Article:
Connor McDavid and Leon Draisaitl.
Connor McDavid and Leon Draisaitl.
Artemi Panarin and Mika Zibanejad.
Gabe Vilardi and Kevin Fiala. Dylan Larkin and … Dominik Kubalik?
Three weeks into the NHL regular season, those are among the duos that have combined for more points than Auston Matthews and Mitch Marner.
Incredibly, prior to Wednesday’s tension-relieving 5-2 victory over the Philadelphia Flyers, there were 28 teams (!) that boasted two scorers with more combined production than the Maple Leafs stars so far.
That is not just a tidy piece of trivia that sums up why it’s been so noisy around this group during a disjointed start. It’s also the most compelling argument for why management should continue charting an unaltered path through the storm.
Unless, of course, you think 25-year-olds coming off 106- and 97-point seasons have suddenly lost the ability to twist defenders into pretzels and fill the net.
The probability of that isn’t particularly high even if Toronto’s top line hasn’t consistently looked as dominant at 5-on-5 as it was a year ago.
The underlying numbers remain kind to Matthews and Marner — they own 61% of the expected goals and a .967 PDO that suggests positive regression is in order, according to Natural Stat Trick — and they unquestionably have enough talent to lead this team on the kind of tear needed to quiet all speculation about Sheldon Keefe’s job security.
They may also be subtly working their way toward a groove.
The victory over Philadelphia was sealed with a John Tavares hat trick and another strong performance by goaltender Ilya Samsonov, but it also included two-point nights from the drink stirrers.
Matthews now has goals in three of his last four games and fired 13 shot attempts at Flyers backup Felix Sandstrom on Wednesday. His shooting percentage (7.1%) is slowly inching back toward an expected range.
Marner, meanwhile, owns a four-game point streak and should be able to find in those results some of the confidence needed to regain his game-changing offensive wizardry.
What they and linemate Michael Bunting are ultimately seeking is a big breakthrough at even strength, and it’s telling that Keefe has chosen to extend them a real opportunity to find it on their own.
The coach is notoriously fidgety with his lines and pairings, especially during rough patches. A year ago, he separated Matthews and Marner for a 10-game stretch where the Leafs turned things around following a rough start. But that’s about the only button he resisted pushing when the team stumbled again this October.
“I feel like last season those guys developed an even greater chemistry than they’ve ever had,” Keefe explained. “I’m not at the point yet where I feel like the answer for us to get going is to separate the guys that had some of the best chemistry in the league last season and carried us to great heights in the regular season.”
You may recall that Matthews won the Hart Trophy, Ted Lindsay Award and Rocket Richard Trophy, while Marner claimed the league’s first-team all-star nod at right wing.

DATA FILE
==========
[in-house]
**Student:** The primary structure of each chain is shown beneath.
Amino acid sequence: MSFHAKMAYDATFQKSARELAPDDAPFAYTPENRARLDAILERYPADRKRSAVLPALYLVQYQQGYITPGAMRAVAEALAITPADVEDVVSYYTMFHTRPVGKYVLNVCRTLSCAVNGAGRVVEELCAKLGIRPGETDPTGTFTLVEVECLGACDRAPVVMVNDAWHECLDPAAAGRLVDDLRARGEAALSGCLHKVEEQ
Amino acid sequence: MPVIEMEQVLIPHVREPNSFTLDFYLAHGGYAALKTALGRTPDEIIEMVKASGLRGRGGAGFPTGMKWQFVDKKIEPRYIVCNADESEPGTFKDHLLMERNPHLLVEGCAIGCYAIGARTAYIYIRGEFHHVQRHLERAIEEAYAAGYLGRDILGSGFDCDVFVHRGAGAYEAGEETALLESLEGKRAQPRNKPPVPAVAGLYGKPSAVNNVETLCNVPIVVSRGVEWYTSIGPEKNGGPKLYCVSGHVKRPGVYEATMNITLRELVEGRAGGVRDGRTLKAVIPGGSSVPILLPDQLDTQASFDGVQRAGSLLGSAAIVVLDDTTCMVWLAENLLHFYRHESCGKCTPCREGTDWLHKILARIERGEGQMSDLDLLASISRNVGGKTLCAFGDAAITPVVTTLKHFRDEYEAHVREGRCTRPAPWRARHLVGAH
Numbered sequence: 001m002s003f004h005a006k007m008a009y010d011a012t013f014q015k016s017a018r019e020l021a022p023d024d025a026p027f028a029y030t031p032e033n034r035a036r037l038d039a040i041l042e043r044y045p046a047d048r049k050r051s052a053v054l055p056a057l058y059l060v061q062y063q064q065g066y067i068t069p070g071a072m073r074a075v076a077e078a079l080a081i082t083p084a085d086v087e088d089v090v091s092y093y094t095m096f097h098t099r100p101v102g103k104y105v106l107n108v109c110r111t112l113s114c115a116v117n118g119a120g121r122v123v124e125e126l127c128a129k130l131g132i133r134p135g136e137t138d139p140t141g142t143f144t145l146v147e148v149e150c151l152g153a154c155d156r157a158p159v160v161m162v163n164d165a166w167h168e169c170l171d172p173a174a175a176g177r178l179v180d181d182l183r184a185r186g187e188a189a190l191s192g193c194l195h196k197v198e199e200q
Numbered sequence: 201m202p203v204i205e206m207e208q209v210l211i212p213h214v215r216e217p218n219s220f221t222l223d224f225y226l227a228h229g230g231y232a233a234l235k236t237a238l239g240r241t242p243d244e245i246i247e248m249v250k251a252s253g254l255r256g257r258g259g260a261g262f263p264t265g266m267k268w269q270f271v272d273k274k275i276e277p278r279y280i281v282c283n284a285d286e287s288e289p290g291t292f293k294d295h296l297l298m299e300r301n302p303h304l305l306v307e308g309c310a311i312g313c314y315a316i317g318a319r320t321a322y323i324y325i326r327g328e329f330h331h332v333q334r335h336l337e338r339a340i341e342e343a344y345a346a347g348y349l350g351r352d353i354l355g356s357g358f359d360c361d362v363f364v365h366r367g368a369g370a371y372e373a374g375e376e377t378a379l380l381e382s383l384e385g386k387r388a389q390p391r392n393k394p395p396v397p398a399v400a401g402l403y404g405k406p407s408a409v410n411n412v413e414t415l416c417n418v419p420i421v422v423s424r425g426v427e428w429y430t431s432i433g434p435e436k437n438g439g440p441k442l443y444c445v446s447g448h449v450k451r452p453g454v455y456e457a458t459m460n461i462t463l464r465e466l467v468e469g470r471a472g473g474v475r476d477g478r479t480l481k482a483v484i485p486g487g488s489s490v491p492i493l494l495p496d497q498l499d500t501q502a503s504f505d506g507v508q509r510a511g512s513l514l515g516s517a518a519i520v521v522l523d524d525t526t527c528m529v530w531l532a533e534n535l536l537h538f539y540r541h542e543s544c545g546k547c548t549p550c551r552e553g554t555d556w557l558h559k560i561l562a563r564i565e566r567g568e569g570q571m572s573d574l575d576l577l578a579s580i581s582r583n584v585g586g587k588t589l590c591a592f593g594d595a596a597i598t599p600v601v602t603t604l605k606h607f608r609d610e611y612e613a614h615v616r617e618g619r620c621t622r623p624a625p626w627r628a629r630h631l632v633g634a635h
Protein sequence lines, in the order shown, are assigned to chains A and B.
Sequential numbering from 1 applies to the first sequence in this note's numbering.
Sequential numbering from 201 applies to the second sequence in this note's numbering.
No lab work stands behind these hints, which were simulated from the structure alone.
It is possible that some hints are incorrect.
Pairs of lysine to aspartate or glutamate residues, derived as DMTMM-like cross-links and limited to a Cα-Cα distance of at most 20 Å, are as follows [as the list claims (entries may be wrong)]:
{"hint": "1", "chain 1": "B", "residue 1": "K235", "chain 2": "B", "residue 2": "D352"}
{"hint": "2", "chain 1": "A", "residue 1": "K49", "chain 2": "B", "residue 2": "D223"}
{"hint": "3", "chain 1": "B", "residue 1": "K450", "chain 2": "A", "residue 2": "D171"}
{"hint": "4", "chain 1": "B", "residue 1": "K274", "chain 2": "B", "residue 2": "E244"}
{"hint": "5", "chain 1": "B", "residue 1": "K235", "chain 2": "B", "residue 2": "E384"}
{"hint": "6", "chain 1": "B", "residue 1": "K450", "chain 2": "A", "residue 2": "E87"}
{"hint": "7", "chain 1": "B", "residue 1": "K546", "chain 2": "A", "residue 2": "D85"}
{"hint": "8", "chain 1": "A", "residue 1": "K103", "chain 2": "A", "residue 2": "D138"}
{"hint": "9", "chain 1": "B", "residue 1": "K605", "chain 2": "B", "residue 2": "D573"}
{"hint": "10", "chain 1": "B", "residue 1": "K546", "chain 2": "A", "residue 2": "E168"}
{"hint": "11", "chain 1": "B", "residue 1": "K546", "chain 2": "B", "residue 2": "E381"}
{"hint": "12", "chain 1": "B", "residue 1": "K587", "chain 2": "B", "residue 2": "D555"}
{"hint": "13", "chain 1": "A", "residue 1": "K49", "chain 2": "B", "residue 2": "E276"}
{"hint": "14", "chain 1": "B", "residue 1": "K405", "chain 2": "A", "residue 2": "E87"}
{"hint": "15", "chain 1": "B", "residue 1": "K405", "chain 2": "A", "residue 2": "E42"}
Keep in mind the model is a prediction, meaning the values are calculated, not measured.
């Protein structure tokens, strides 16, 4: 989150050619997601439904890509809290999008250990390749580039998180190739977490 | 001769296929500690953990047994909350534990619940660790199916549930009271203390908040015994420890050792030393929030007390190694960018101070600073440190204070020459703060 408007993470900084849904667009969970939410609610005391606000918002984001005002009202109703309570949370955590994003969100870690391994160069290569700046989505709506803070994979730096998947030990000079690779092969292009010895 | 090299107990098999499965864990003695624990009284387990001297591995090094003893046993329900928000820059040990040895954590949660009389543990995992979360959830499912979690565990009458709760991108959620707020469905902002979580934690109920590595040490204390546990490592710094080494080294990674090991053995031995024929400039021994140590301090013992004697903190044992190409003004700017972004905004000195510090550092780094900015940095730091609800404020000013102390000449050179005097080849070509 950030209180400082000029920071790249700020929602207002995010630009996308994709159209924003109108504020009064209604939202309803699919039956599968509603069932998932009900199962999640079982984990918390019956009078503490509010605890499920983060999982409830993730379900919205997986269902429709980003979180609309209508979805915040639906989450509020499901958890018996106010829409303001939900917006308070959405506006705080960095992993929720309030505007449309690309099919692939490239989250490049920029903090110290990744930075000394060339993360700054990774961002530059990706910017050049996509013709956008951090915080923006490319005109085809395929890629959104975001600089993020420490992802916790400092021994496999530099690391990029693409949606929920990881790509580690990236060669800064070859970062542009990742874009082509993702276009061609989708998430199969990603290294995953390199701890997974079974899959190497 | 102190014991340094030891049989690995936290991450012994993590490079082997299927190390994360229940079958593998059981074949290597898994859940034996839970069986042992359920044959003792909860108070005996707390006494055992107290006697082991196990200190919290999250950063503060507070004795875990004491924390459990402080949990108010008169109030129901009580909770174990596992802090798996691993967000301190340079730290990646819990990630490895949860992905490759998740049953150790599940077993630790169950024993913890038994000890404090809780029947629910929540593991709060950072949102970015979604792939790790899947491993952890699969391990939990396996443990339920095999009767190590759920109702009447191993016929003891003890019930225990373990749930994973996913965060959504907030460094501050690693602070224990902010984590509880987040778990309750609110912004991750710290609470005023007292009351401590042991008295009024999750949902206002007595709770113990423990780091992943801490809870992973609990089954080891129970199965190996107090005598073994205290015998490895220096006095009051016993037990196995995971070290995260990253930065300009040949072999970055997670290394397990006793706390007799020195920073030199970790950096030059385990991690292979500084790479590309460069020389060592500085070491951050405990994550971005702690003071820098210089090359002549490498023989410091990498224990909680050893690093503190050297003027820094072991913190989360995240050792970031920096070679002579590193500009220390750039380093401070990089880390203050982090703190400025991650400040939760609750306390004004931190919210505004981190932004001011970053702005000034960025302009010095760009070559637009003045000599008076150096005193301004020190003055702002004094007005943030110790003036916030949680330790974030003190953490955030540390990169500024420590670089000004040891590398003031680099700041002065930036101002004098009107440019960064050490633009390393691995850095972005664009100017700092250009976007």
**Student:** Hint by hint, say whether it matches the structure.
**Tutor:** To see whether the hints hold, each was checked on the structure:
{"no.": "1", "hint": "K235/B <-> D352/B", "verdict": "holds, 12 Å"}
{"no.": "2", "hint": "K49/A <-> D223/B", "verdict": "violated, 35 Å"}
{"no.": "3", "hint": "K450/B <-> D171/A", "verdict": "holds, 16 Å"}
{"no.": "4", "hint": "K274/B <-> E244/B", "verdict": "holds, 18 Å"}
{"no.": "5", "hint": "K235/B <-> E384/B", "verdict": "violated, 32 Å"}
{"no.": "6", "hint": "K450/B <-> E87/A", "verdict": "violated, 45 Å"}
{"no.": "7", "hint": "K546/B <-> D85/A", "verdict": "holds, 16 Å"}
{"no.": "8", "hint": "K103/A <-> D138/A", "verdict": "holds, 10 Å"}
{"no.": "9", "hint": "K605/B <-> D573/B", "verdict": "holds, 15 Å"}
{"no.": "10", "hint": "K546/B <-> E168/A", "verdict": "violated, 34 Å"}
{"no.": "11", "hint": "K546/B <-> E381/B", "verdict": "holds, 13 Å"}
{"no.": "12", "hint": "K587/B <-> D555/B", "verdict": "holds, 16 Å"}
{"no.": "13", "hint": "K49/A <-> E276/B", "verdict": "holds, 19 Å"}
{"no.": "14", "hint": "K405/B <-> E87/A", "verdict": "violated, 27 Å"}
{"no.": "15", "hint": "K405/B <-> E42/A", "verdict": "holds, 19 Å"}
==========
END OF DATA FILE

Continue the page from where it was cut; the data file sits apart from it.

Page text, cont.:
They also combined for the third-highest point total among teammates, trailing only McDavid/Draisaitl in Edmonton and the since-departed Flames tandem of Johnny Gaudreau and Matthew Tkachuk.
Of course, they are not counted on to carry the offensive load by themselves.
Tavares currently leads the Leafs with 14 points and delivered a statement performance in this latest outing. He completely undressed defenceman Travis Sanheim to score his second goal in Wednesday’s game, restoring a badly-needed cushion for a reeling team that was only a couple days removed from a blown two-goal lead in Anaheim.
“That’s a big moment in the game,” Keefe said. “They’ve just made it 3-2 and everything that’s been happening with our team here and trying to get a win and manage tight games.”
There was another encouraging sign in the dying minutes, when Matthews got a good look off the rush and pulled the puck back through his feet before firing a shot in one smooth motion.
That didn’t produce a highlight-reel goal, but it was the kind of play you’d only expect him to try in a moment of flow. He was obviously feeling it.
Incidentally, it also angered Philadelphia’s Travis Konecny, who briefly engaged with Matthews before being tackled to the ground by 39-year-old Mark Giordano. Bunting was pretty active in the lengthy scrum that followed as well.
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“I think that’s kind of what we’re all about here,” Matthews said.
“Those are the kind of things that just help build your team a little bit closer,” Keefe added.
With a rocky couple of weeks behind them, and a tough weekend back-to-back against Boston and Carolina ahead, the timing couldn’t have been any better.
The Leafs best chance to restore some calm is by buying their dynamic duo enough time to find another gear.